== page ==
And yet, statistics show that on average children who attend church regularly only attend 1 or 2 times a month for a grand total of about 40 hours in a year. Contrast that to 1,080 in school, 2,920 hours of sleep, 1,095 meals consumed, and 2,786 hours spent engaged with some sort of media (8-18 year olds).

Clearly, if we are going to nurture the whole person of our children, we CANNOT rely on the church alone to be the sole means by which they connect with God.  It cannot be the only place that the Bible gets talked about if we believe that the Bible nurtures their spirit or as David says, “Your word is the source of my life” (Psalm 119:114). It cannot be the only time that faith formation happens, that discipling takes place, that mentoring relationships are developed and that worship takes place.

If it is, then our kids are starving…spiritually anemic.

Parents will go to great lengths to develop a skill or ability in a child.  Travel ball is a tremendous commit of time and financial resources for any family, but sacrifice is made if a child is deemed talented enough.  Scholastic achievement is hard work and takes time and intentionality but often the space, time, and encouragement is given to bring about that success.  Hobbies are nurtured.  Gifts are called out. Time is given.

And I’m not hear to condemn or to condone.  I’m simply asking this: In the midst of all of our care of the mind and the body, have we neglected the spirit?  Have we assumed that mere exposure at church a few times a month is enough to develop the spirit and sustain the life of Christ in a child’s heart as they grow into adulthood?

There are many reasons out there about why young adults are walking away from the church as they grow older.  I think this is one of them.  Their spirits were starving.  They found sustenance elsewhere.  As church attendance declines, social entrepreneurship has exploded – the spirit is being filled through the act of serving others.  The same young people who are leaving church are creating business that are “driven to produce measurable impact by opening up new pathways for the marginalized and disadvantaged.”

That’s what the church is supposed to be doing.

Speak out on behalf of the voiceless,
    and for the rights of all who are vulnerable.
Speak out in order to judge with righteousness
    and to defend the needy and the poor. (Pr. 31:8,9)

We are made in the image of God. Our spirit was breathed into us by God himself.  It does not surprise me then that if our spirit is starving it will seek out something that looks like God to fill it.  Social entrepreneurship provides a platform for spiritual needs to be satiated through the acts of Love that are in us because we are made by and for Love.  But social entrepreneurship cannot fulfill the deep spiritual needs.  It can only go so far.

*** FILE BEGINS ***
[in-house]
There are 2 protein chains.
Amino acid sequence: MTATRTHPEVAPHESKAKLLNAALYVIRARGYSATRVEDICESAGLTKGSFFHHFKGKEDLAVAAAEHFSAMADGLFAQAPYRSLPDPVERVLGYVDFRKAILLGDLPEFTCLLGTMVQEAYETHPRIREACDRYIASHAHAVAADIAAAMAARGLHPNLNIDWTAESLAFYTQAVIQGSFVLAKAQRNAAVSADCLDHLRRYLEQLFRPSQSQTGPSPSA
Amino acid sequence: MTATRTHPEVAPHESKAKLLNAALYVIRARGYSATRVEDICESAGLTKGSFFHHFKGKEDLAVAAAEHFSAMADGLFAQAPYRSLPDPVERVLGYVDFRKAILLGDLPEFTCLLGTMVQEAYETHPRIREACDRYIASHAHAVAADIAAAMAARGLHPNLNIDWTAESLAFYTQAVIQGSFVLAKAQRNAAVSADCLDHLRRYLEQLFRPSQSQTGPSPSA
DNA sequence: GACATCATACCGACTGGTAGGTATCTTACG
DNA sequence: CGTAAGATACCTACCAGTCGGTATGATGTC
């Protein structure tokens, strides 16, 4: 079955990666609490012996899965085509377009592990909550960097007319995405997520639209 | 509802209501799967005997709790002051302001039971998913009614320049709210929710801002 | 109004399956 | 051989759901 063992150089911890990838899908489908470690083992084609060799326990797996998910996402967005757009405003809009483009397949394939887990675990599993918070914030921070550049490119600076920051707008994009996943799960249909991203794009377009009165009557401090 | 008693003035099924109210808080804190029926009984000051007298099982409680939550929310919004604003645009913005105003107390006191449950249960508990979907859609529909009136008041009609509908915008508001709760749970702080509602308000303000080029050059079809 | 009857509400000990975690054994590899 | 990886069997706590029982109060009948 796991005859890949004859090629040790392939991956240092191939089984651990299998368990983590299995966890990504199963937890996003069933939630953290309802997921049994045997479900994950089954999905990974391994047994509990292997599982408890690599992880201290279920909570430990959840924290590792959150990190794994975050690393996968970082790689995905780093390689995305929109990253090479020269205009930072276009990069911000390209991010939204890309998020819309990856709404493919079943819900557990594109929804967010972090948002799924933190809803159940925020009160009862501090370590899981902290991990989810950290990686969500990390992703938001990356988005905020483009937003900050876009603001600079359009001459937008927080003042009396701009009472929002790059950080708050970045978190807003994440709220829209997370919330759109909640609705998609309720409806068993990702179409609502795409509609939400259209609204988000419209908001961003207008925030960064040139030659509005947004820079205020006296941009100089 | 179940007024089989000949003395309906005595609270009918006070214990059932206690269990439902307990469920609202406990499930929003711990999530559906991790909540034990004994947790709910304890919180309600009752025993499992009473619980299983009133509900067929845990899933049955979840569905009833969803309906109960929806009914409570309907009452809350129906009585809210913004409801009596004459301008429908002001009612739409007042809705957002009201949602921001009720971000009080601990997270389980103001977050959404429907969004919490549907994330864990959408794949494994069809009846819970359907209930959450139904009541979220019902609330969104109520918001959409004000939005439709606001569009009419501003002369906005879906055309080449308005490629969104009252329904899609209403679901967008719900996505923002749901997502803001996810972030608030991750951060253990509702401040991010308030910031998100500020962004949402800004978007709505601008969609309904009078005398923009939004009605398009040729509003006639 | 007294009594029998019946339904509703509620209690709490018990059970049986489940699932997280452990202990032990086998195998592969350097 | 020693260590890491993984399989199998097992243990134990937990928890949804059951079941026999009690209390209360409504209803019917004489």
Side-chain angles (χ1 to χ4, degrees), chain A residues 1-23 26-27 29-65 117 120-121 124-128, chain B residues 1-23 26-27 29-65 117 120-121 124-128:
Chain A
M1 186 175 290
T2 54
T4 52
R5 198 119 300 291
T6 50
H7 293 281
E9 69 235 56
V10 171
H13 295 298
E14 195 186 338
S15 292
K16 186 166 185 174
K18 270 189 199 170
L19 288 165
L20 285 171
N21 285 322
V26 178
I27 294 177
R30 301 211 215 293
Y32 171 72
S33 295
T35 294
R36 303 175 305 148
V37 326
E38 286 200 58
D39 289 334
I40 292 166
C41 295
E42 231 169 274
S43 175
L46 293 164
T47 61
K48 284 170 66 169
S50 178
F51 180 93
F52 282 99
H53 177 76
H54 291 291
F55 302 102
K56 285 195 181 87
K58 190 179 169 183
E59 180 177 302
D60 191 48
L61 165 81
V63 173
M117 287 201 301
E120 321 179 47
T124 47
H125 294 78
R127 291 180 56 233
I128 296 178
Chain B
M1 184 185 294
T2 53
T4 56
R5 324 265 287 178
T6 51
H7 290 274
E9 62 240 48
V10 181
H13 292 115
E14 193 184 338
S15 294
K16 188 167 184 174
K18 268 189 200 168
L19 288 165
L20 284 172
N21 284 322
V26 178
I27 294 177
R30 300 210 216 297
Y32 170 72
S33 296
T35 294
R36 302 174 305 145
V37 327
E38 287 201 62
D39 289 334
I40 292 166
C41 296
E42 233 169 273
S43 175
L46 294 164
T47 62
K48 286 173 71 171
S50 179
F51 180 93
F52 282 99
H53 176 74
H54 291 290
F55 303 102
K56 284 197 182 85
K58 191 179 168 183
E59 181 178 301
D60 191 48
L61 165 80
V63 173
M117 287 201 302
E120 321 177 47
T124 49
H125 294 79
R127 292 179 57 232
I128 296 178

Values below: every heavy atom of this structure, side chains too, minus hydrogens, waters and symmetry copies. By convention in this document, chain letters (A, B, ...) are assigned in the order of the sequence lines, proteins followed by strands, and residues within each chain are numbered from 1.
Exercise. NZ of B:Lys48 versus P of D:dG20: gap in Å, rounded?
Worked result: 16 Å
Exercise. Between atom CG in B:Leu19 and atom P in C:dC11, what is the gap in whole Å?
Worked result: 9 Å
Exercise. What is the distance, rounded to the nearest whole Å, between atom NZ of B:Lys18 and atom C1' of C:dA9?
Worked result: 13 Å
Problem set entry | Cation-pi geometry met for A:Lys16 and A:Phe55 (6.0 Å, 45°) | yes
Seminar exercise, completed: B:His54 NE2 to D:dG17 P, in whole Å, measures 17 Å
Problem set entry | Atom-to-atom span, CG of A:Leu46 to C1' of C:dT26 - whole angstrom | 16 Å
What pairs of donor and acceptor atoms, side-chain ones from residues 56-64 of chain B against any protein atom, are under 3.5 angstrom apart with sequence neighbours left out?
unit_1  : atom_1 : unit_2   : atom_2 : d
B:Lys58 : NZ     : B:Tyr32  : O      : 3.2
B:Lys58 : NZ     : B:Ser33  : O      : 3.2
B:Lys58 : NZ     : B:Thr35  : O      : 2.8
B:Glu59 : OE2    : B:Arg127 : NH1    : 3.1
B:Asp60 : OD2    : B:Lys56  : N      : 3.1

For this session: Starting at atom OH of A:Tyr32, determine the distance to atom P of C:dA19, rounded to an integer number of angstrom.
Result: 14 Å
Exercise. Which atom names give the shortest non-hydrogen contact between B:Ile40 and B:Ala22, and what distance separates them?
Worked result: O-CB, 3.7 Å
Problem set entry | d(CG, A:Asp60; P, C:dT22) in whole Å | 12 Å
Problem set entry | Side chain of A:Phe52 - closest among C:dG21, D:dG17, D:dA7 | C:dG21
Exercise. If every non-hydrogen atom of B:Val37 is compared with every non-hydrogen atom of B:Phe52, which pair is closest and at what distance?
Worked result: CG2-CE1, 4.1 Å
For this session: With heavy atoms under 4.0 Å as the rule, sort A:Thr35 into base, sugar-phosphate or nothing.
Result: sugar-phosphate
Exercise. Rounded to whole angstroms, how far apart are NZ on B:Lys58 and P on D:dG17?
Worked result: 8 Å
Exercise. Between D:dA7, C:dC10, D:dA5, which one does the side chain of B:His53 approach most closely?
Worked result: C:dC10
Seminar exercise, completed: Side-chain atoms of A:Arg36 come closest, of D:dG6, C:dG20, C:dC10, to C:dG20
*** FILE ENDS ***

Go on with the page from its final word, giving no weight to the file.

But for many, it is enough to satiate a starving soul.

It’s enough for me as a parent to give pause.  Am I expecting too much of those moments in church?  Do I expect that my kids time in worship and with their small group to be enough to satisfy their soul?  Or am I creating an atmosphere of intentional faith formation and Christian service in my home so that those remaining 1,934 hours can be hours where their spirit is being fed and filled.

There’s no silver bullet to ensure your child’s faith is engaged.  As a mom myself, I so wish that there was.  But there are a few things recommended by Fuller Youth Institute specifically feed their spirit.  Things that will take time and intentionality and in some cases mean we need to sacrifice our money and our schedule to ensure they happen but things that will ensure your child is well-fed, body, mind, AND spirit!

1. Find ways for your kids to serve – There’s a reason why we are seeing the trends we are; service connects our spirit to our faith.  Look for ways to get your kids being the church not just going to church.

2. Let them ask questions – Look, everyone has questions and doubts and fears.  Deflecting doesn’t help them at all. Engaging can lead them to Christ.  If help is needed, that’s what your ministers are for – use them.

3. Don’t neglect the gospel – Ultimately, our spirit is only filled with we are in communion with Jesus. As Johnny Johnson of Fuller Youth Institute shares, “Children are concrete thinkers and teaching the do’s and don’ts is easier than trying to teach something as abstract as grace.  When we do teach the moral side of Christianity, we have to be careful to explain why we live that way: Because of Jesus. And out of gratitude for God’s grace. More importantly, our children need to see the gospel lived out in our lives.” Model discipleship and growing faith in your own life. Dr. Christian Smith of Notre Dame has studied teens and religion and concludes that “the most important social influence in shaping young people’s religious lives is the religious life modeled and taught to them by their parent.”

We love our kids.  That’s why we do all those things we do. In our heart to see them succeed and grow up healthy and happy, let’s make sure that we don’t neglect the eternal part – feed their souls, give them Jesus, every single day.